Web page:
chapter  17
11 Pages

Rhythm and Metre

Rhythm and its specialized form, metre, depend upon repeti­ tion, and expectancy. Equally where what is expected recurs and where it fails, all rhythmical and metrical effects spring from anticipation. As a rule this anticipation is unconscious. Sequences of syllables both as sounds and as images of speechmovements leave the mind ready for certain further sequences rather than for others. Our momentary organization is adapted to one range of possible stimuli rather than to another. Just as the eye reading print unconsciously expects the spelling to be as usual, and the fount of type to remain the same, so the mind after reading a line or two o f verse, or half a sentence of prose, prepares itself ahead for any one o f a number o f possible sequences, at the same time negatively incapacitating itself for others. The effect produced by what actually follows depends very closely upon this unconscious preparation and consists largely of the further twist which it gives to expectancy. It is in terms of the variation in these twists that rhythm is to be described. Both prose and verse vary immensely in the extent to which they excite this ‘getting ready’ process, and in the nar­ rowness of the anticipation which is formed. Prose on the whole, with the rare exceptions of a Landor, a De Quincey , or a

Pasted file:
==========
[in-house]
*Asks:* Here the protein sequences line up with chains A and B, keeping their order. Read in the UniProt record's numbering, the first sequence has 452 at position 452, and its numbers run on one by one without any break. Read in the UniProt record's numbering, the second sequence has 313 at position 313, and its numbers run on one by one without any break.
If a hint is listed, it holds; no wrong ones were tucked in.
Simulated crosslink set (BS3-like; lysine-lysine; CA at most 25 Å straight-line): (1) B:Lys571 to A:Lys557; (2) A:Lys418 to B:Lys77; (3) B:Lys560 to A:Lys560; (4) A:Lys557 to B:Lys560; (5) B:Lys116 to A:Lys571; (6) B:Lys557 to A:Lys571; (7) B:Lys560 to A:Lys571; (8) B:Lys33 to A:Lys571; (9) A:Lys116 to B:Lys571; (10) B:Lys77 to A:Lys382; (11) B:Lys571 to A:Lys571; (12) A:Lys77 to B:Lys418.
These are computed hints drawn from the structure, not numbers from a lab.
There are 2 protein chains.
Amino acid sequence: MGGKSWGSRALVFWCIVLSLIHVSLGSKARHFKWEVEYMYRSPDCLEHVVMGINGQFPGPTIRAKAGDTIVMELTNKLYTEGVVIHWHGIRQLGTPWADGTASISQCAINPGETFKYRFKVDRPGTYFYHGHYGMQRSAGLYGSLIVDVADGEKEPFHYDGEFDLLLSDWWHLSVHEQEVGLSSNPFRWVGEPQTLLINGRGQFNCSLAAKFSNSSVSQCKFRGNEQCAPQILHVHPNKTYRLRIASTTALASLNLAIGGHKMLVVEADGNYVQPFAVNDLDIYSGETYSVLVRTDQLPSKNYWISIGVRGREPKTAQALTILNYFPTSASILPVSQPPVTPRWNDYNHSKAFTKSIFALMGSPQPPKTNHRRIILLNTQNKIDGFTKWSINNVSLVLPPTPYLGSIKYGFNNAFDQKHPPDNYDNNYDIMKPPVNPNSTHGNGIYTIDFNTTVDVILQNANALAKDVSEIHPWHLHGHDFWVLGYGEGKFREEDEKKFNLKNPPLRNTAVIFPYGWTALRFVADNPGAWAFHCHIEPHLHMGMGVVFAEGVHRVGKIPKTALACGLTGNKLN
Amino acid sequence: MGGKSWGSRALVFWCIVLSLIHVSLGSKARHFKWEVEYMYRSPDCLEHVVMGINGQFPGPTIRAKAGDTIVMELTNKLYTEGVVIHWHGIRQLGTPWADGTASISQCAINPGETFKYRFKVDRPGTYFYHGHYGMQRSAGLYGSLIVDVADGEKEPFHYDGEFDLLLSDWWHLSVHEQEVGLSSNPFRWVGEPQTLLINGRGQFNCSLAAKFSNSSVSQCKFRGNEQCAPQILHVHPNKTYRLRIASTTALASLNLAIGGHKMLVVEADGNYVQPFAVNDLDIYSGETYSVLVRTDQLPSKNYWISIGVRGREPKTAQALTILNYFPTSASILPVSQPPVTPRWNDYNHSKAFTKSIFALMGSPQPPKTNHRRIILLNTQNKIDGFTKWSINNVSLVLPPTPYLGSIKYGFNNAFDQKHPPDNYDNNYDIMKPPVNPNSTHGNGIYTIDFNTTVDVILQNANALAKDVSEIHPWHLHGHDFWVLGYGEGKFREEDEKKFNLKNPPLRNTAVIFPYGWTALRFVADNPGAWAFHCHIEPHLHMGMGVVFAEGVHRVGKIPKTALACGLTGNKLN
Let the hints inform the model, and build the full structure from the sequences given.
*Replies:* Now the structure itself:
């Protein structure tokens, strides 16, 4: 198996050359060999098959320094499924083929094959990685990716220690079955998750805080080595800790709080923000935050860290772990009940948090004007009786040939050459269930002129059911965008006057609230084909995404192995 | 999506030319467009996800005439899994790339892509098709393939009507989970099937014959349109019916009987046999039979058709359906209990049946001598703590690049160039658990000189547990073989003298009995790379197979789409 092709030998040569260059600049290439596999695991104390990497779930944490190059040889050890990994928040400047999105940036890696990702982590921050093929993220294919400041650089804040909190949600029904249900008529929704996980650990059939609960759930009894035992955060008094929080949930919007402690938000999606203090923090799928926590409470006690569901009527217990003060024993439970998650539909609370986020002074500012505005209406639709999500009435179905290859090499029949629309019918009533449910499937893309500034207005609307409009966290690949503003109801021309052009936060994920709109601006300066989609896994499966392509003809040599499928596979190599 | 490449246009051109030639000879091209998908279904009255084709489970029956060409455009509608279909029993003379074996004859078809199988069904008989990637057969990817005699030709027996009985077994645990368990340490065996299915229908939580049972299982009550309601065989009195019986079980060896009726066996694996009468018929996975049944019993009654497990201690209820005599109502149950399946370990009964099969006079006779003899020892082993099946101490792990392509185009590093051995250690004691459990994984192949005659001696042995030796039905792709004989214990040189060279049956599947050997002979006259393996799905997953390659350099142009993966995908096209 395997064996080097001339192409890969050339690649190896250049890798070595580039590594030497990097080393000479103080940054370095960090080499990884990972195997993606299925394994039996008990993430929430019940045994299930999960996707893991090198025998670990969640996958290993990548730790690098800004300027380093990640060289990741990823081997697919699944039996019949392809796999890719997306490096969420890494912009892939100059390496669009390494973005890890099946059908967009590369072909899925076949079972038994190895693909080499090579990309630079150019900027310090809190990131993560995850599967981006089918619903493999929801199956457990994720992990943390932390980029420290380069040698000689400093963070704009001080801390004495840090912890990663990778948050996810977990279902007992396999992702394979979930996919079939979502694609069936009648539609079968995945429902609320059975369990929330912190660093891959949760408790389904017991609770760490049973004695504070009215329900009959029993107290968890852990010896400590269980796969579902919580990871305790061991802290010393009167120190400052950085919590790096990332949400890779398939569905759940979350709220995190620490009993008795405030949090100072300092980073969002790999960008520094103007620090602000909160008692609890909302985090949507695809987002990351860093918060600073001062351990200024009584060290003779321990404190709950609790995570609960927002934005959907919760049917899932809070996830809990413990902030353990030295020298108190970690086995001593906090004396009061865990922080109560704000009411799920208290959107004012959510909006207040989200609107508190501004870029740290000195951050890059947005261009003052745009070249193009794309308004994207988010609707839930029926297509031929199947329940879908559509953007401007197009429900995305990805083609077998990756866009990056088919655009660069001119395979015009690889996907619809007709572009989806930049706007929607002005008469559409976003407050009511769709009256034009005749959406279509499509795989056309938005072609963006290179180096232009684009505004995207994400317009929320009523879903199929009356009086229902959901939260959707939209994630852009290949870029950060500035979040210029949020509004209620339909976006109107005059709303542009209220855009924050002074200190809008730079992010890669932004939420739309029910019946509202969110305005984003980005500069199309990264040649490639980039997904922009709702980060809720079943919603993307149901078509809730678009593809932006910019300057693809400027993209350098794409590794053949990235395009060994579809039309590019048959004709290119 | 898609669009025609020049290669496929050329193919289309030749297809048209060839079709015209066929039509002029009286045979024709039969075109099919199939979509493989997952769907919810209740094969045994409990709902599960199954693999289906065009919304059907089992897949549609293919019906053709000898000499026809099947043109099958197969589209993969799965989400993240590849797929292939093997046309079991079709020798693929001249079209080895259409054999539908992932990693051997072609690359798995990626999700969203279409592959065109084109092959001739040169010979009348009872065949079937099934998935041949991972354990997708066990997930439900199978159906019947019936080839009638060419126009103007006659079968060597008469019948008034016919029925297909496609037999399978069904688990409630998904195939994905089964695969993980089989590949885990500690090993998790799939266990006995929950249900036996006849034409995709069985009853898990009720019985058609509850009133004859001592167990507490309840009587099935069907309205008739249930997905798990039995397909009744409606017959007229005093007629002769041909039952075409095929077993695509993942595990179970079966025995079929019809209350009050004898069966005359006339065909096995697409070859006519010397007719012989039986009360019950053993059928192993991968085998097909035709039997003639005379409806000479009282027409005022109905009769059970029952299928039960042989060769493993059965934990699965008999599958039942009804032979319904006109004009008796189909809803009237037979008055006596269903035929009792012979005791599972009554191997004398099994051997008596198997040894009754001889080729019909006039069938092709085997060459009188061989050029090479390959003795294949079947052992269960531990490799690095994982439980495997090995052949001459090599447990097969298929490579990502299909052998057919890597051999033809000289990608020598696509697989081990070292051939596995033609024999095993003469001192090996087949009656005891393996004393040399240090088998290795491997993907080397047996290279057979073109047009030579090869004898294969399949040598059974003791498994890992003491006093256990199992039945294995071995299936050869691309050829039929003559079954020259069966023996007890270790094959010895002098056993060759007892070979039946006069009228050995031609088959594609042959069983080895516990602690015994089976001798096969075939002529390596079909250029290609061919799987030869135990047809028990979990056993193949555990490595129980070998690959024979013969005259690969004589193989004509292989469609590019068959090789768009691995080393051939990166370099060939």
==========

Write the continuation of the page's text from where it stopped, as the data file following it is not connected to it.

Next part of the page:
[135] Ruskin, is accompanied by a very much vaguer and more inde­ terminate expectancy than verse. In such prose as this page, for example, little more than a preparedness for further words not all exactly alike in sound and with abstract polysyllables pre­ ponderating is all that arises. In short, the sensory or formal effect of words has very little play in the literature of analysis

{104} and exposition. But as soon as prose becomes more emotive than scientific, the formal side becomes prominent.